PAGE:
The shortcode is a powerful tool for anyone interested in modifying the way their WordPress site works, since shortcodes offer the ultimate customization without forcing you to know much about coding in general.
Shortcodes are essentially short words or phrases that are placed in brackets [like-this]. You can place a WordPress shortcode into the editor, which then references additional information in your functions.php file to reveal something on the frontend of your website.
For example, if you want to embed a audio file for a blog post, simply place brackets [ ] around the word video to reference a video that was previously uploaded on your site. Shortcodes are great for creating things like buttons, accordion style sliders, Twitter widgets, dividers, and all sorts of formatting goodies that would typically force you to understand PHP coding.
Shortcodes are meant to make your life easier, but to add new shortcodes to your WordPress site you need to actually tell the system what you want the shortcode to be replaced with. Let’s take a look at some methods to add new WordPress shortcode options to take full control of your site.
Start With the Default WordPress Shortcodes
WordPress actually comes packaged with a few default shortcodes for you to use without placing anything in your functions.php file. Click on the links below to learn more about the default WordPress shortcodes:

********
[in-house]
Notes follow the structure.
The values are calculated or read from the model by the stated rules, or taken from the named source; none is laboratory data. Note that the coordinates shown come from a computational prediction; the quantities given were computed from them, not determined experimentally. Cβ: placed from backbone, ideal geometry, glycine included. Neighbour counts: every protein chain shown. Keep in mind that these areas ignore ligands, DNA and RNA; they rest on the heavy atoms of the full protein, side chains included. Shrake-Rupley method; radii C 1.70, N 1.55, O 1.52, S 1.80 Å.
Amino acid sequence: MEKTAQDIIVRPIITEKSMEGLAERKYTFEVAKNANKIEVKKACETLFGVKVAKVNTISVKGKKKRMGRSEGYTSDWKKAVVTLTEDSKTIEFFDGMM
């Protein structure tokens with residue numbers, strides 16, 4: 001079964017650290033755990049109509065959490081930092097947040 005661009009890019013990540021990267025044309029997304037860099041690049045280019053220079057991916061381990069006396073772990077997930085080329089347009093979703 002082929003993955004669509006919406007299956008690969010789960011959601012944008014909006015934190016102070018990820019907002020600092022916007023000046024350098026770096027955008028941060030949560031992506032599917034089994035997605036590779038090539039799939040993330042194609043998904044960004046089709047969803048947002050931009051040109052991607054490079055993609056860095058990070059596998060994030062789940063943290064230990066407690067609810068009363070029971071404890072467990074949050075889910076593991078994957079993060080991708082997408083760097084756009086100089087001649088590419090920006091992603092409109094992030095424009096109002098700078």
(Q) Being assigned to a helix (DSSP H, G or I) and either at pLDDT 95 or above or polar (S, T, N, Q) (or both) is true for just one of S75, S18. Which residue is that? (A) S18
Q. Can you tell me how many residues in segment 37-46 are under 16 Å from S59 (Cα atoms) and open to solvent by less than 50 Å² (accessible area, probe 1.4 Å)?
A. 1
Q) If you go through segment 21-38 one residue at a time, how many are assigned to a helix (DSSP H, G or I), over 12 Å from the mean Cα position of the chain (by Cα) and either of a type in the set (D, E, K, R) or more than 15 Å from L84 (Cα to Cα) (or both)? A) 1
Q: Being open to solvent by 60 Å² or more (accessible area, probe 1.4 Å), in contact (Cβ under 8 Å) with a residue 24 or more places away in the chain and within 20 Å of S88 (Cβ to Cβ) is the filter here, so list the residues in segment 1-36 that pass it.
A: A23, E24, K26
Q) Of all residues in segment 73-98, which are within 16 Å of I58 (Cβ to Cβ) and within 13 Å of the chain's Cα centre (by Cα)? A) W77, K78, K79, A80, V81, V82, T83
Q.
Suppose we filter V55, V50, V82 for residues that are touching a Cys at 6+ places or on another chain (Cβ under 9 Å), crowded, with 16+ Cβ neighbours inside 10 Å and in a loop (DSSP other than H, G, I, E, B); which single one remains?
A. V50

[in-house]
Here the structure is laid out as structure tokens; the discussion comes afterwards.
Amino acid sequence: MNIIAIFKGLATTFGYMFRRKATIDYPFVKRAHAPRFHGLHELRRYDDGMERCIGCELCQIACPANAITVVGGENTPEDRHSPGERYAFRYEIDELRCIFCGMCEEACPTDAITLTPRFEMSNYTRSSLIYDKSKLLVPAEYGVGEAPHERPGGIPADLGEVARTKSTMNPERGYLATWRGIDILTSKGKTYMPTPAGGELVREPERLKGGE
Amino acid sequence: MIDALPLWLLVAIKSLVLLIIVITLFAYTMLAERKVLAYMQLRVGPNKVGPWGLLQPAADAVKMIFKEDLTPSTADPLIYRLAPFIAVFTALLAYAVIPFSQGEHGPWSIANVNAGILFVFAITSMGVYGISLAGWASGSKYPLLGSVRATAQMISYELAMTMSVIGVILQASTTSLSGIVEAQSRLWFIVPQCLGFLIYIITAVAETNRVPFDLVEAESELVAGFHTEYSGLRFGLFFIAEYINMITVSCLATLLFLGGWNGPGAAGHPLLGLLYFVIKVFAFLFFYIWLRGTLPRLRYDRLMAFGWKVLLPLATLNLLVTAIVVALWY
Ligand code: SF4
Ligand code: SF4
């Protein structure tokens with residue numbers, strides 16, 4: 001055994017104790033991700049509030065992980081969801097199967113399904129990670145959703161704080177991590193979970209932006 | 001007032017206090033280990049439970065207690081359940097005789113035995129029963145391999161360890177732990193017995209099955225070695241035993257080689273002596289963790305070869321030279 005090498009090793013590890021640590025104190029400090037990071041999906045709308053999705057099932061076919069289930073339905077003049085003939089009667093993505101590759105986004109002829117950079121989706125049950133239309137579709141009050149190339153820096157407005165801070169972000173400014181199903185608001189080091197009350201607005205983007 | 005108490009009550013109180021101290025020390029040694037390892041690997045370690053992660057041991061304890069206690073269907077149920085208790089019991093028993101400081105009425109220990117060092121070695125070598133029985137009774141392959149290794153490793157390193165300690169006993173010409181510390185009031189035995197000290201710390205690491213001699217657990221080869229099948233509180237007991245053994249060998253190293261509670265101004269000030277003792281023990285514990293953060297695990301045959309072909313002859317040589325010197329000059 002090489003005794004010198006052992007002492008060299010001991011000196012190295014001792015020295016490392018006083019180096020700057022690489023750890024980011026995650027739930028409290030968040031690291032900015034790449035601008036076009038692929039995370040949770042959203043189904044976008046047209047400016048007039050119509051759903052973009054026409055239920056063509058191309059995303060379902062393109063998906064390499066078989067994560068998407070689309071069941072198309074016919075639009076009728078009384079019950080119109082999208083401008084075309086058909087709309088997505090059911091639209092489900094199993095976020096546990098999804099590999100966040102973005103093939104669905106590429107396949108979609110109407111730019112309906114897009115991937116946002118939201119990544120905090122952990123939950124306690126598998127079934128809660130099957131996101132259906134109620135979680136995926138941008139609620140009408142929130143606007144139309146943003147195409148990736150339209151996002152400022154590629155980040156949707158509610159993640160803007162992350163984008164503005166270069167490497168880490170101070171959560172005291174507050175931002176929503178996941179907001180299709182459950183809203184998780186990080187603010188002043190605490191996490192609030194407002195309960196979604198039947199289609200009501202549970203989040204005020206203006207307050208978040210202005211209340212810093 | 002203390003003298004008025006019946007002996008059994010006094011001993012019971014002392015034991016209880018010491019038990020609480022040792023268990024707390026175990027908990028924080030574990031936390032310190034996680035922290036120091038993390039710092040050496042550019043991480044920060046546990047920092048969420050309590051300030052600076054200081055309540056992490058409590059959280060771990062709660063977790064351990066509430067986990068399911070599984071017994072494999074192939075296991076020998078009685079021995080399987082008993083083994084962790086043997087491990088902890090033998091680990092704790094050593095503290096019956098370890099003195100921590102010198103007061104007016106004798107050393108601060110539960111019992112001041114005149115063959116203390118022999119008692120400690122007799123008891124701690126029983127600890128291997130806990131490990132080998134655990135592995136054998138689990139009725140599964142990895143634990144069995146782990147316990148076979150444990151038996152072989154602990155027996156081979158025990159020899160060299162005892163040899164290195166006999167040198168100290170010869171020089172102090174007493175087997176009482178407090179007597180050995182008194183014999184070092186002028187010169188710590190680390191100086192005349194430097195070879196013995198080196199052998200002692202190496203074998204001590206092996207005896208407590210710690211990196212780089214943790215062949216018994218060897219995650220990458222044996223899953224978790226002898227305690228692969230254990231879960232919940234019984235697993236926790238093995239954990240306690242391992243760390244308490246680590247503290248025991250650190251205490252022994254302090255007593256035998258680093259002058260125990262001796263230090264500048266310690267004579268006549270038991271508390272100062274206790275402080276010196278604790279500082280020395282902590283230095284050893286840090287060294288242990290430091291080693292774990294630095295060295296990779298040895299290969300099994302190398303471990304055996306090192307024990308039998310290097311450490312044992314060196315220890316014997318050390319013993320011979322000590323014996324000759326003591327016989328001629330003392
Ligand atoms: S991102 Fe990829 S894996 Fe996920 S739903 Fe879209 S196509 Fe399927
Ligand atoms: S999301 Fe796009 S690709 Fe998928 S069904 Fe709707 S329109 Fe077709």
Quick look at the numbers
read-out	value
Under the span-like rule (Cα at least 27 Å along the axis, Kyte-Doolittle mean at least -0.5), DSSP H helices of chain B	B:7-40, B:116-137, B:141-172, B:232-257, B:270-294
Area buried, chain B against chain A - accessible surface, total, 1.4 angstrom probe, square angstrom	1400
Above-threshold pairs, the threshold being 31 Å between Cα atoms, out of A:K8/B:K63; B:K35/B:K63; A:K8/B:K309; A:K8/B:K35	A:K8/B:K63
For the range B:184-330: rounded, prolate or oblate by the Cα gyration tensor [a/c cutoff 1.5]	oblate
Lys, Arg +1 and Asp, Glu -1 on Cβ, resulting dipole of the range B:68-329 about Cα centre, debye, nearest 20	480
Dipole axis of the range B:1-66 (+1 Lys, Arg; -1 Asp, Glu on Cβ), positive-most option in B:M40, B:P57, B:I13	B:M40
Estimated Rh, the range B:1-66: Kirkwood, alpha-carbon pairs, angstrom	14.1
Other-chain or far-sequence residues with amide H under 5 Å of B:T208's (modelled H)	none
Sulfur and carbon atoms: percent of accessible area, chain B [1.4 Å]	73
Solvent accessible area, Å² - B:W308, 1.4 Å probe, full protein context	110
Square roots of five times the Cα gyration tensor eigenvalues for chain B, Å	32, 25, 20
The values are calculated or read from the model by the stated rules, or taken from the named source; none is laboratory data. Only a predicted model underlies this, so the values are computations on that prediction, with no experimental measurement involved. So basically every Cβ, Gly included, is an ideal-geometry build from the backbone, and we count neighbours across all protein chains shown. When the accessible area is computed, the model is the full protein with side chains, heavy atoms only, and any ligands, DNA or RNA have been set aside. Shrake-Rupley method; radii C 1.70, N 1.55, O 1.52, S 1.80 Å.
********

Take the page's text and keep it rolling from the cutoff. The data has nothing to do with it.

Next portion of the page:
- Embed your own audio files
- Embed video files
- Put an image gallery on your site
- Embed just about any type of media you want
- Place a caption on an image or other content
How to Create a WordPress Shortcode
To start, we want to make a shortcode that delivers an Adsense module by simply typing [adsense] into the editor.
Step 1: Place the Function into functions.php
Find the functions.php file for your WordPress site, and paste the following function in the file. We are using the Adsense function as an easy example. A function is basically the piece that tells the shortcode what to reveal on the frontend of your site. In this case, when we place the [adsense] shortcode in the site, it uses the following function to show an ad.
This code that you just placed into your functions.php file is what replaces the shortcode on the frontend–in this case a simple Adsense module. Depending on your function and shortcode you can add columns, custom buttons, social media widgets, and more.
Step 2: Linking Your Shortcode to the Function
Just because you created the shortcode and function doesn’t mean the two are linked together. Now we need to add a final call to pair the two. Use the call below:
The first word is what you want to call your shortcode. So, since we listed it as “adsense”, WordPress automatically generates an [adsense] shortcode. We called the function google_adsense so the second parameter in our call tells WordPress that it needs to use that particular function whenever you place the proper shortcode on your website.
Step 3: Making the Shortcode Work on Your WordPress Site
To see what your shortcode generates on the actual frontend of your site you need to open a page or post in WordPress and place the [adsense] shortcode in the text. Click to preview what shows up on your site or publish the page or post to make it permanent. That’s it! You are now well on your way to cutting down loads of time by using shortcodes.